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Airport Stress: How to Beat Airplane and Airport Stress

September 2nd, 2014 by Hale Dwoskin

Crowded airplane cabins, long security check lines, and flight delays are all-too-common at the nation’s nearly 20,000 airports.

Still, nearly 5 million Americans traveled by airplane over the peak holidays, and last year over 9 million took to the skies to visit friends and family over Christmas and New Year’s.

Battling the crowds and making it through security in one piece is not easy. In fact, airport stress is more stressful than facing a stone-throwing mob, according to a study by neuropsychologist Dr. David Lewis.

After fitting four passengers with monitors to record heart rate, blood pressure and psychological stress, Dr. Lewis found that passenger heart rates peaked at four times their resting levels and psychological stress levels “exceeded those recorded amongst Formula 1 racing drivers and free-fall parachutists.”

“We have measured people in all kinds of situations from riot policemen confronting a stone-throwing mob to racing drivers and sky-divers and these are among the highest peaks in heart rate and blood pressure that we have ever seen,” said Dr. Lewis.

So for those times when you have to fly no matter what (whether it’s to get your great grandmother’s famous chocolate chip cookies or to make headway on a business deal), how can you arrive at your destination with your mental sanity at least partially intact?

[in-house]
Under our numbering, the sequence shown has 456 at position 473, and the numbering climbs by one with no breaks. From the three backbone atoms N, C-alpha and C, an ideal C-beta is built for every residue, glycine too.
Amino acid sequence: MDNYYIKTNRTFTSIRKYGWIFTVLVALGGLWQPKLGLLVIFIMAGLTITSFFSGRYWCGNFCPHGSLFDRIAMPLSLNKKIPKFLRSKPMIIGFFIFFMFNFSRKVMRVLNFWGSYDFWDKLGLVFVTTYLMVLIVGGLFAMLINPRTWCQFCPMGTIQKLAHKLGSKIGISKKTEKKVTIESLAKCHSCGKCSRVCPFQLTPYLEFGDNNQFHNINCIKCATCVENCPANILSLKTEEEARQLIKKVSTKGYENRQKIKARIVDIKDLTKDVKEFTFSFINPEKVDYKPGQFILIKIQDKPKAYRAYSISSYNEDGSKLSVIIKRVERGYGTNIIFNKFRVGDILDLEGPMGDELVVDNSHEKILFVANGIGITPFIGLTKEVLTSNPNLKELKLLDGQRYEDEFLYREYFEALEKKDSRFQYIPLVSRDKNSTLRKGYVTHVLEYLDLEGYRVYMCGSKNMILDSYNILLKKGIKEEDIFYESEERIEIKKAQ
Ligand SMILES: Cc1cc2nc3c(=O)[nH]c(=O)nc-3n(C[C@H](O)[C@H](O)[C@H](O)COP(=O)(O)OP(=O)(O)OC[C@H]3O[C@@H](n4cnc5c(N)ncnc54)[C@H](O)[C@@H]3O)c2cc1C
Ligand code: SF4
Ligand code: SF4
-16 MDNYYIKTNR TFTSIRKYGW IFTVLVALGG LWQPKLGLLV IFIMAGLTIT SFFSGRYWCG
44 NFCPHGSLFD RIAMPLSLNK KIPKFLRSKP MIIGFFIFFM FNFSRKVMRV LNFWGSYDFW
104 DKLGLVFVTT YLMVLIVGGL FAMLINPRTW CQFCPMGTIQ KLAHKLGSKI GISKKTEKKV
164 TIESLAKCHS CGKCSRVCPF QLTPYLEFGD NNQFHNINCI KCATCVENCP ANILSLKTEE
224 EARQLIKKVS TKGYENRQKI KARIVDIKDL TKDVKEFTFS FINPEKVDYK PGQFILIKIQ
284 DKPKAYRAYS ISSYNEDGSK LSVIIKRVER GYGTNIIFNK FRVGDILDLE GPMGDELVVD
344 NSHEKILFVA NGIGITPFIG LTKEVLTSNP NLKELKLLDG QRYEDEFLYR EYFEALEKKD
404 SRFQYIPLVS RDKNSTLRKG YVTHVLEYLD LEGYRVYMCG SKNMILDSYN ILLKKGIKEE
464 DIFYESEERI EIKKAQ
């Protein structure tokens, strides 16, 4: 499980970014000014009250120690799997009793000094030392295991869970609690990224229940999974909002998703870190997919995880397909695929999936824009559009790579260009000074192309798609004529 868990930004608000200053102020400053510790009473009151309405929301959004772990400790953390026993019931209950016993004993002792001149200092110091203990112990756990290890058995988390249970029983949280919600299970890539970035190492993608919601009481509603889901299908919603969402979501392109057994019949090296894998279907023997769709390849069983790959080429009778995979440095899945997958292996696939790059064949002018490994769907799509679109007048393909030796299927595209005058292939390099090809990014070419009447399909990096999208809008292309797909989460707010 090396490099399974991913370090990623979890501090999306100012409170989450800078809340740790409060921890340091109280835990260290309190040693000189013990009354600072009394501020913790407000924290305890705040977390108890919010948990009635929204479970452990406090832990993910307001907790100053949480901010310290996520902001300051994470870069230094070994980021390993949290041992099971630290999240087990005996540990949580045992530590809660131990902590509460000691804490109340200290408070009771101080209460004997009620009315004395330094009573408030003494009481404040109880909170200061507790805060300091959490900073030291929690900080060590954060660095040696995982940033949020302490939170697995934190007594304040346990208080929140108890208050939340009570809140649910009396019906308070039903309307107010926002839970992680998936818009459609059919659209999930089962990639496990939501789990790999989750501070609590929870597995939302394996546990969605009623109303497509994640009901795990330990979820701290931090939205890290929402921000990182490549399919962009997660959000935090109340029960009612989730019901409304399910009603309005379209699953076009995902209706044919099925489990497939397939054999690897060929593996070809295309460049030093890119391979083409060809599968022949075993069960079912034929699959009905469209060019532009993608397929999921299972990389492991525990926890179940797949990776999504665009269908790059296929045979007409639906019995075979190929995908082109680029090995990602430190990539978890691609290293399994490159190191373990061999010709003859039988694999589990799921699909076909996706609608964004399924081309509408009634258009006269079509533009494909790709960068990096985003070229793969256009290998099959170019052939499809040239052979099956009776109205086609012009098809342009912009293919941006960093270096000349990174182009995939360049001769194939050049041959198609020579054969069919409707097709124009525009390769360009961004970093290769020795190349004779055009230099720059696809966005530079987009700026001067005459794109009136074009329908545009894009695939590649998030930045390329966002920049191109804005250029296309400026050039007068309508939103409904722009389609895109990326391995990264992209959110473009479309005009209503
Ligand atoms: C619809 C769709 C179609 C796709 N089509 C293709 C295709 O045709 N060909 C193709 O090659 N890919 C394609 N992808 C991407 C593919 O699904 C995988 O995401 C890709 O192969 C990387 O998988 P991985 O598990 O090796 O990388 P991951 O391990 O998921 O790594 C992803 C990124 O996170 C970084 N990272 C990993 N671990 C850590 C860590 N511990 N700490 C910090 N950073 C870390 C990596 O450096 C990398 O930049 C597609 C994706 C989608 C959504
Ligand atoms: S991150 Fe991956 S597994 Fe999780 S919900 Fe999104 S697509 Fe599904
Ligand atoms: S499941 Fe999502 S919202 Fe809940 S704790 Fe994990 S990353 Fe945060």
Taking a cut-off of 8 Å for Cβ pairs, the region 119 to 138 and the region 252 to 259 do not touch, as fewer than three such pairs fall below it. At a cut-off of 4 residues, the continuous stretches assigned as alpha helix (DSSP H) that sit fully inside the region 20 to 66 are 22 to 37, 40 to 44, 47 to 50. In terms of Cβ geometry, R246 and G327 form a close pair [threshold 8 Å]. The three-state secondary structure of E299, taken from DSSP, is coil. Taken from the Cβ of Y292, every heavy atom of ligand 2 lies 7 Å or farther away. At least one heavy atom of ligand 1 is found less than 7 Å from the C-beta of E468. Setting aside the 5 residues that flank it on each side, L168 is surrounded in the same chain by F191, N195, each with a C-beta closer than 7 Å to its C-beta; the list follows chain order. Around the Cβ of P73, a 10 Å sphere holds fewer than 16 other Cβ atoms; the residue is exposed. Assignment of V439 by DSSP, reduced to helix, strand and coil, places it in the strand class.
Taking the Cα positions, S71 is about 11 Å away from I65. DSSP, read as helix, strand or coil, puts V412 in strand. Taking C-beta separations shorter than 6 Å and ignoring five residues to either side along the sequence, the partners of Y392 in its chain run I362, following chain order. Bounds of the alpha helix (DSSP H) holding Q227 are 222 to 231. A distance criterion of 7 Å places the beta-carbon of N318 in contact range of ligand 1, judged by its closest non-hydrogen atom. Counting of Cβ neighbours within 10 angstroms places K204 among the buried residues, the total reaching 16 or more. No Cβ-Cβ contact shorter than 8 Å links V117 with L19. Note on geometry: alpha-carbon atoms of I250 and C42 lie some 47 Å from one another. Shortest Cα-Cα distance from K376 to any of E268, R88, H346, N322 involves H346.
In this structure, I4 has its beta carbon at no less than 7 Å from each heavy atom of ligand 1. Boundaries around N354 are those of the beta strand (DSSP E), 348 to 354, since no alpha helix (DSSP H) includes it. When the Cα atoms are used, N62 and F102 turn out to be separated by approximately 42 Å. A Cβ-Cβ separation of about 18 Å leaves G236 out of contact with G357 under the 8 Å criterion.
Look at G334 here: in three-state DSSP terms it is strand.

First off, remember that no matter how it seems both crowds and noisy places are not at war with you. They are simply how the environment is in that particular place at that particular time.

The key to feeling at ease in any situation — including while sitting on a noisy airplane or waiting in an intolerably long line — is knowing how to let go of your anxiety, and actually accepting the situation how it is.

The Sedona Method is a simple tool you can use to learn how to let go in the moment, no matter how stressed out you may feel.

I would recommend that you let go of resisting how the environment is, and let go of your resistance to the environment in general. You should also let go of resisting how you feel about it. When you allow what is to be rather then pushing back or resisting it, you feel more comfortable wherever you are.

Along with The Sedona Method, which once you learn will become your favorite travel companion, you can also make your next trip to the airport run more smoothly by:

  • Choosing a smaller airport, which may be less crowded, if you can
  • Giving yourself plenty of time to make your flight (including getting through security checkpoints)
  • Bringing healthy snacks with you to keep your energy up (many airlines are no longer offering complimentary meals and snacks onboard)
  • Carrying on your luggage (and avoiding hassles with lost luggage)
  • If you do check your luggage, making sure your bags are securely labeled with your name, address, destination and phone number
  • Taking advantage of online check-in, if your airline offers it

-Hale